View and scan the target phone's web history, texts and all calls visually at first. Only visually. If you must take notes for memory, take mental notes only or capture “screenshots.” Then send the screenshots to yourself, always be sure to delete the screenshots and messages that you sent! (The screenshot method is effective.) Do not create a paper trail by writing anything down, ever! Even if you intend to throw out any notes, you run the risk of being implicated in a privacy violation. Capturing the screenshots and sending them to yourself via text or email is a much safer method of visual note taking and viewing. It also makes it much harder for anyone to track (delete at will), So long as you delete the screenshots and messages that you send!
Simply ask to borrow the phone. Again, If they're up to no good then they more than likely take the time to regularly delete any incriminating evidence i.e. texts, calls or instant messages. Try this trick out: Intentionally leave your phone at home or claim that it is dead or malfunctioning. This gives you the perfect opportunity to ask if you can borrow theirs. Use it to make a call or send a message. This may catch them off guard and unprepared, with evidence still on the phone. They will probably seem antsy and reluctant to give it to you if there is something incriminating on the phone. Do feel free to walk away for some privacy, especially if you are pretending to make a phone call, or you need to use the rest room or even need to check an account balance. Open internet tabs that would interest you and do not close them. This will assert to them that you were using the phone instead of snooping through their stuff. Be aware that if you are caught, there may be personal, as well as legal implications.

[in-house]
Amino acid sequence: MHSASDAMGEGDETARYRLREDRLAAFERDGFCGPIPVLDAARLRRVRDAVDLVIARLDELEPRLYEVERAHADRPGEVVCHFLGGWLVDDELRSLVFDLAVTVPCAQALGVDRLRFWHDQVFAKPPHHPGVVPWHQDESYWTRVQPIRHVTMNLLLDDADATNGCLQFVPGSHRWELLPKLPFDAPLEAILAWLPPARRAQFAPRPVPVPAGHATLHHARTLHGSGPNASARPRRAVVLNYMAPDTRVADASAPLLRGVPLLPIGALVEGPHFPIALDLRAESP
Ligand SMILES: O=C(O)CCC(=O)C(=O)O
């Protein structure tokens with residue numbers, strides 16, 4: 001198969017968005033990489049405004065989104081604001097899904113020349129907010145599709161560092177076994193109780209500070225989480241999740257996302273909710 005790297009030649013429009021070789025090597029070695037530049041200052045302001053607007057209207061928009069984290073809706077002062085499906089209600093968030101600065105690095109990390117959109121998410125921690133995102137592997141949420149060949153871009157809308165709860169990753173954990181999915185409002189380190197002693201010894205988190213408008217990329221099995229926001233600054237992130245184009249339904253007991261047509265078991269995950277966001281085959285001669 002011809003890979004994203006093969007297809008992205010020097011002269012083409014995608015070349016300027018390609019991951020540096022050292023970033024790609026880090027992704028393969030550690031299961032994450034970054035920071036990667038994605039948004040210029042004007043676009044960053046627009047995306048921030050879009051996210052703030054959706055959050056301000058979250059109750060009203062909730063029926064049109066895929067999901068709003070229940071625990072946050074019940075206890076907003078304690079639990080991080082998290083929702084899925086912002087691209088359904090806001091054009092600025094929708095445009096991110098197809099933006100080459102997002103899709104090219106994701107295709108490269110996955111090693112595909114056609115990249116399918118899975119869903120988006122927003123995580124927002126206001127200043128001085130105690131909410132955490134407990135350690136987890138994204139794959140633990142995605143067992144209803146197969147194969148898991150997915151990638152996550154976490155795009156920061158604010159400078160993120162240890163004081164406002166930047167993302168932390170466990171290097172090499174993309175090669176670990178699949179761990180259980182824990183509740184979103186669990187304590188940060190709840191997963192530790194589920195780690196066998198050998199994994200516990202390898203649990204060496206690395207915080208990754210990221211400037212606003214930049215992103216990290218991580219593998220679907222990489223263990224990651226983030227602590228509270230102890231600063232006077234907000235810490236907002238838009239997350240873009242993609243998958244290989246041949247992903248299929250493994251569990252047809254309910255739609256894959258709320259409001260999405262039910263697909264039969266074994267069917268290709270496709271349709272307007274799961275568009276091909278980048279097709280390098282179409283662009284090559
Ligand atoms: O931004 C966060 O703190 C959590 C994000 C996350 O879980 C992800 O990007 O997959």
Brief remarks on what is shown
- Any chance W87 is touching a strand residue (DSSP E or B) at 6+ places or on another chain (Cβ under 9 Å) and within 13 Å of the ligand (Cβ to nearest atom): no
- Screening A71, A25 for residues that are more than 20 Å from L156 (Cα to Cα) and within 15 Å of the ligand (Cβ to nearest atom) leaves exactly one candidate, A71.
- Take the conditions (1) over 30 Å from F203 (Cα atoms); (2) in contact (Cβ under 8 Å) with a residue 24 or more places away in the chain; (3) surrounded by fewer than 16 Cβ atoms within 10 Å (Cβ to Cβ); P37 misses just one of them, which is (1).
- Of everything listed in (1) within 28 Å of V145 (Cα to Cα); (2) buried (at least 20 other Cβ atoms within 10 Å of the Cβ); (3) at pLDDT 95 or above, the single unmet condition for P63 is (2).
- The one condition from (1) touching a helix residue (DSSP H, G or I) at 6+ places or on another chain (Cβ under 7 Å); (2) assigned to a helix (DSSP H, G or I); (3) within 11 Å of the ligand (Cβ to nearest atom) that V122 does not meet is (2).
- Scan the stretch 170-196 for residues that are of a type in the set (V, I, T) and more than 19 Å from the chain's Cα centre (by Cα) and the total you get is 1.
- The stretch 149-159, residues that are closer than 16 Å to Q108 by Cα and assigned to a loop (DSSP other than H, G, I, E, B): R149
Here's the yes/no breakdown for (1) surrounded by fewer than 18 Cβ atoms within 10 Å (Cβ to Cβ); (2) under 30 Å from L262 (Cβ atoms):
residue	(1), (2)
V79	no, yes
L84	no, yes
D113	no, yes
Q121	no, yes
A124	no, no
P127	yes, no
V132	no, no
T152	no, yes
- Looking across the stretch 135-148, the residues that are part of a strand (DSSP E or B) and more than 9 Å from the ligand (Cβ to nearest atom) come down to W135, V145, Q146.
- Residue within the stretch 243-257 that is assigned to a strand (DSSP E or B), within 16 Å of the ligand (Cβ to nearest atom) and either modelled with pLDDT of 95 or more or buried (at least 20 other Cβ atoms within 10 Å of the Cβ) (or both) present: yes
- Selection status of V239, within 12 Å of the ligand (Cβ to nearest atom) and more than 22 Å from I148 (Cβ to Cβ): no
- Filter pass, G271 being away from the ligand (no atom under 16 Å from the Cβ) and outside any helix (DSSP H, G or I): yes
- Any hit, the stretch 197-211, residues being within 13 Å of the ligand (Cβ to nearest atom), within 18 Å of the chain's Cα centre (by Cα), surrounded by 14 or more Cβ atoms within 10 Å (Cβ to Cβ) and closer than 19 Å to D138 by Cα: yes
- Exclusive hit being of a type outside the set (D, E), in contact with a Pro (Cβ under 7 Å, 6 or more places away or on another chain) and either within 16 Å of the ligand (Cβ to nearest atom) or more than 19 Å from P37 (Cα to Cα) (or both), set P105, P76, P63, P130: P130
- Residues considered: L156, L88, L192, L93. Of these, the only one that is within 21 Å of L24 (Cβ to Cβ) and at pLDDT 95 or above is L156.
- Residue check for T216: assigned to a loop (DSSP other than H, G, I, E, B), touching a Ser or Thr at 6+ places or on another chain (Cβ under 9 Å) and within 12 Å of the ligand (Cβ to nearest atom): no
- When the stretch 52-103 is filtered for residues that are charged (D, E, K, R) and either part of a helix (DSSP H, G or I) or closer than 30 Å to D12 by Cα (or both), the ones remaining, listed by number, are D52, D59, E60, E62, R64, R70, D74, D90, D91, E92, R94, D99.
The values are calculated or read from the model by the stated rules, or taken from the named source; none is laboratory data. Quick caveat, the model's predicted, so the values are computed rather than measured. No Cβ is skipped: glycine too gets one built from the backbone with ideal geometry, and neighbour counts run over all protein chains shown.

If they act strange, and seem very nervous, be suspicions. If he/she suddenly says they need to do something first on the phone, “real quick,” you watch them, closely. They may be deleting evidence.
If they flat out refuse, that's weird and seems like they definitely have something to hide. Go straight to method 3 in that case. You should never refuse your spouse or significant other your phone. That looks bad, it sounds bad, and it is bad. How could you ever trust that?
Check her phone while she is sleeping. Though any evidence is probably deleted at this point, it never hurts to check, especially when you're deeply troubled. Only resort to this if any of the other options have been unavailable. Be aware that if you are caught, there may be personal as well as legal implications against you. Read on:
If caught, unless you are afraid the other person may become verbally or physically violent, be honest as to why you are searching the texts. People often send texts without thinking, and they can be construed in ways other than their original meaning. You can also play this off as “checking the time” or saying that your own phone is dead, or you couldn't sleep and wanted to search the web a bit. Have a fall back plan (open links on the web to something you're interested in; this will make it seem like you were just browsing the internet).
If you find something incriminating, always allow the other person to clear–up any misunderstandings. If you still mistrust them, try method 3. If you find incriminating evidence of adultery you should think about contacting a lawyer, if you are married.
Ask a trusted friend to look at or borrow the other person's phone. If you know someone you can trust who has easy access to the person's phone you want to search, ask them to visually search the phone history. It is your responsibility to inform them of all personal or legal risks prior to obtaining their consent. This technique is risky, you are bringing another person in on your spying and run the risk of them telling.
Know the risks and laws. Before proceeding to the mobile spying application section, read over this carefully. Remember to always research federal and state laws on remote cellphone monitoring. Most U.S. states require consent from only one party to record electronic communications and phone calls.
Find more about state and federal laws by going to National Counsel of State Legislatures (NCSL) website and type “electronic surveillance state laws” into the search box.